Some 18 years after that initial investment in SA it would be hard not to conclude that INM's ownership of the largest newspaper group in the country has made few of the contributions that are expected from foreign direct investment. Specifically the initial net investment of an estimated R560 million to R725 million has been dwarfed by the possible outflow of much of the local operations' profits.

While this outflow was limited to dividends as well as any management fees and interest payments during the period that the local company had a listing on the Johannesburg Stock Exchange, the scope for repatriation of profits to Ireland was considerably enhanced in 1999 when the Irish parent bought out all of the minority shareholders and the local company was delisted.

In the period between 1999 and 2010 operating profits are estimated to be in the region of a total R4 billion. During that period operating margins were increased from 12.5 percent in 1999 to 21.1 percent in 2010. (The figures for financial 2011 brings the total operating profit to around R4.5 billion.)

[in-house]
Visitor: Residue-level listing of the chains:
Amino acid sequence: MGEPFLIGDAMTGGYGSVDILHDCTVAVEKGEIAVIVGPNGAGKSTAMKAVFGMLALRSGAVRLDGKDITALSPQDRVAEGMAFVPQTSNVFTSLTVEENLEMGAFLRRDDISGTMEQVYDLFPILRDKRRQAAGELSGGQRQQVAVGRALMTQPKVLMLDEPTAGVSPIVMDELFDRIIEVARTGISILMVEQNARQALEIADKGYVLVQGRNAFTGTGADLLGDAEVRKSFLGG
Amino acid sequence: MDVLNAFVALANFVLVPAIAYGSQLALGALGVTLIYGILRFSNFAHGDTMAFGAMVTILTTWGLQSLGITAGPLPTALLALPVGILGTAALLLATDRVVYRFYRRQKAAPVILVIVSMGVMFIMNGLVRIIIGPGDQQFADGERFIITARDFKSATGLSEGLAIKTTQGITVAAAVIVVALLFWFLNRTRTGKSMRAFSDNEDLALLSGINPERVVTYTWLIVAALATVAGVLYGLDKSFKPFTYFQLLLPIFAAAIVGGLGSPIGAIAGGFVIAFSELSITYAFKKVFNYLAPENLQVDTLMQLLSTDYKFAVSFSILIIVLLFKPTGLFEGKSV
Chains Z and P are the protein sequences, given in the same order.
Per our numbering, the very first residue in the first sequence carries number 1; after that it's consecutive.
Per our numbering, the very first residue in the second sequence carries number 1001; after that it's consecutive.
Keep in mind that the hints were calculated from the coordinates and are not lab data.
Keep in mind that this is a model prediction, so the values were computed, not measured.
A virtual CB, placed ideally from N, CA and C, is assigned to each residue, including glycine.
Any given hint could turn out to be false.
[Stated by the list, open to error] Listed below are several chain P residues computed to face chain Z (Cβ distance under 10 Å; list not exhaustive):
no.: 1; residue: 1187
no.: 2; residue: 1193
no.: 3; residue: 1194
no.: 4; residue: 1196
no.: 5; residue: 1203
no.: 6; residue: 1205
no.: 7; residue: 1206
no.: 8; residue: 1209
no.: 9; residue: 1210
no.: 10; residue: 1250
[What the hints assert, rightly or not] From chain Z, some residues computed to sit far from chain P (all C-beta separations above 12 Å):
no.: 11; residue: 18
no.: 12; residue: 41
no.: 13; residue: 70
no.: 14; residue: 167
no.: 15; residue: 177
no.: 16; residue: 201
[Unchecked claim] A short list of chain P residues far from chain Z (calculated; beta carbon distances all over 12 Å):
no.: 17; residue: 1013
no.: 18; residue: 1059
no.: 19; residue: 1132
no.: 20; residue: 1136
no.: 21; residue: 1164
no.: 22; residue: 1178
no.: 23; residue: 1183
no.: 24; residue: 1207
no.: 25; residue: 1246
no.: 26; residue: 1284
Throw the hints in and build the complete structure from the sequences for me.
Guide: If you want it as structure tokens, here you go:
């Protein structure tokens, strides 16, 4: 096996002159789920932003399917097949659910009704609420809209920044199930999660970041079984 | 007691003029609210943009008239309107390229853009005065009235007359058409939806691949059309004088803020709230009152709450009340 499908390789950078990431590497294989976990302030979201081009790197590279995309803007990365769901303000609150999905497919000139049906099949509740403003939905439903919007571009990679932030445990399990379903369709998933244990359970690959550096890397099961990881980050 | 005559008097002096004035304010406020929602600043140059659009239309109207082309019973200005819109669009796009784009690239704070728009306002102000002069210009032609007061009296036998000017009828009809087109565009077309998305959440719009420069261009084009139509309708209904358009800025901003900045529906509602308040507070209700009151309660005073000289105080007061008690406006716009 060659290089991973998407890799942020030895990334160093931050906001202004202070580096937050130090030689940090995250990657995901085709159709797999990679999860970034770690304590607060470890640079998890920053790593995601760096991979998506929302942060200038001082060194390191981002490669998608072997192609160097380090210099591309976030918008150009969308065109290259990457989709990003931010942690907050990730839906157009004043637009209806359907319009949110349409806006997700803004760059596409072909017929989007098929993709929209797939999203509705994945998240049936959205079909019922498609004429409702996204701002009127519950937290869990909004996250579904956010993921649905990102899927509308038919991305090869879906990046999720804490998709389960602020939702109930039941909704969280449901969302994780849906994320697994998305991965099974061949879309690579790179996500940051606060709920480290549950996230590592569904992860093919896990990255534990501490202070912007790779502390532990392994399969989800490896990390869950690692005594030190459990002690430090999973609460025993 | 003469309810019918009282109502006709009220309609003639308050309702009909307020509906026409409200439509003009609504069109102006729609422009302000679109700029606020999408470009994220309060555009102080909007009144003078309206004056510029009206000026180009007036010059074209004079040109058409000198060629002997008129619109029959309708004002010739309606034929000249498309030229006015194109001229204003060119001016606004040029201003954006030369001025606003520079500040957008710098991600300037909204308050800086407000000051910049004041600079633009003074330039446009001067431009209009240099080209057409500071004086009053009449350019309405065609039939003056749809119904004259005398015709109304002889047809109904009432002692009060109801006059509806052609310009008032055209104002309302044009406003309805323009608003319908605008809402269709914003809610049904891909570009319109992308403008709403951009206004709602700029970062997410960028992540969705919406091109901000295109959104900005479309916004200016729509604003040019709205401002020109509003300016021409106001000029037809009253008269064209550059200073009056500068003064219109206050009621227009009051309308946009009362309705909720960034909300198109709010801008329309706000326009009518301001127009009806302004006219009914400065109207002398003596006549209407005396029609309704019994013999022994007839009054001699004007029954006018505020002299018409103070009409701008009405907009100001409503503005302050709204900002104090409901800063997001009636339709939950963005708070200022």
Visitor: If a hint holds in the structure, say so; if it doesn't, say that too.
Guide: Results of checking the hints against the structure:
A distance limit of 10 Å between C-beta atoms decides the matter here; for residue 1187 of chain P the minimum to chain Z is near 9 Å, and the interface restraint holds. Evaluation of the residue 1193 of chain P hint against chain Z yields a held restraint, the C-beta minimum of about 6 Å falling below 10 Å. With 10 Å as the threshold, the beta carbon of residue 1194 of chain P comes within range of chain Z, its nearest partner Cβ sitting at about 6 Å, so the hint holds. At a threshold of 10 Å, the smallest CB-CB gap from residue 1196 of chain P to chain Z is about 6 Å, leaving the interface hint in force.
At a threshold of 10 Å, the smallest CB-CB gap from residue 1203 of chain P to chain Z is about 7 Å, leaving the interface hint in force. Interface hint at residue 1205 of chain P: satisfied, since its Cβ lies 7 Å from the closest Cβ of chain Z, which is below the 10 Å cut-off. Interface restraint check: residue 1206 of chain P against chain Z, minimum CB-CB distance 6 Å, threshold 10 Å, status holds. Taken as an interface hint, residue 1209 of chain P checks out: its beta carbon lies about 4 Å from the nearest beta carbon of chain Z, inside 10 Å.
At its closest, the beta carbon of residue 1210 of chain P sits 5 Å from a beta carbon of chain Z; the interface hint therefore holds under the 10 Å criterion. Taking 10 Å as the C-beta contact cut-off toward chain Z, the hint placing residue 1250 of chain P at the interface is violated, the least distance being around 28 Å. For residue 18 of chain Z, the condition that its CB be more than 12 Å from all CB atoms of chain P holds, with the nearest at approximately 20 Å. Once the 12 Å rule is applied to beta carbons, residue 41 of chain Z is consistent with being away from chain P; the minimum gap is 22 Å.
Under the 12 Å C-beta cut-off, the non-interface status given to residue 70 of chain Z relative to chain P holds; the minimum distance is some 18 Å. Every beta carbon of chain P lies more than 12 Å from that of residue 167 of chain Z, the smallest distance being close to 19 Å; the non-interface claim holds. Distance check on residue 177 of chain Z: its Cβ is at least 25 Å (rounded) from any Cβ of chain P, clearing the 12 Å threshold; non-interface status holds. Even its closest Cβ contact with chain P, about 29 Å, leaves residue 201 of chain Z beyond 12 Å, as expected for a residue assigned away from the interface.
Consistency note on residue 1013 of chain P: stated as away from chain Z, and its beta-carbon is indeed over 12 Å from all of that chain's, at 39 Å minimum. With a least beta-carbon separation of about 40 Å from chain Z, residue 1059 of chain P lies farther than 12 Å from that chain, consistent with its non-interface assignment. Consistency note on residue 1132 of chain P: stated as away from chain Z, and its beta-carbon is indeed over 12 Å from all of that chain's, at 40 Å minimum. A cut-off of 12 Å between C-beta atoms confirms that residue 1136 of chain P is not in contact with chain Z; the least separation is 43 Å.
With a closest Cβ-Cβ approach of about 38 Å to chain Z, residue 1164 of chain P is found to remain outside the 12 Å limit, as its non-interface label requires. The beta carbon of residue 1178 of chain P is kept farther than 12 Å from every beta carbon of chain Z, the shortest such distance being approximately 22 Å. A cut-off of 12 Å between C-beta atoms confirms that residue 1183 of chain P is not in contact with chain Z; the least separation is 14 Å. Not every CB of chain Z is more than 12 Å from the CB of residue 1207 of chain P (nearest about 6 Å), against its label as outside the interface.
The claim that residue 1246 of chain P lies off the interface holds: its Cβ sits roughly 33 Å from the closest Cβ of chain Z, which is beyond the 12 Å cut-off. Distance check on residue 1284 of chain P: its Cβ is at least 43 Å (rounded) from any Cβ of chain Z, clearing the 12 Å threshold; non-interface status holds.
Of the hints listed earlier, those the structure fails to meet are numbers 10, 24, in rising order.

In addition there has been little indication of technological benefits arising from the INM plc ownership that would not have been available to an independently owned SA newspaper group. Furthermore, far from boosting employment opportunities, the ownership by INM has been accompanied by a significant reduction in employee numbers.  From a high of 5 223 at the time of the initial transaction in 1994, employee numbers have been reduced steadily to a current level of around 1 500.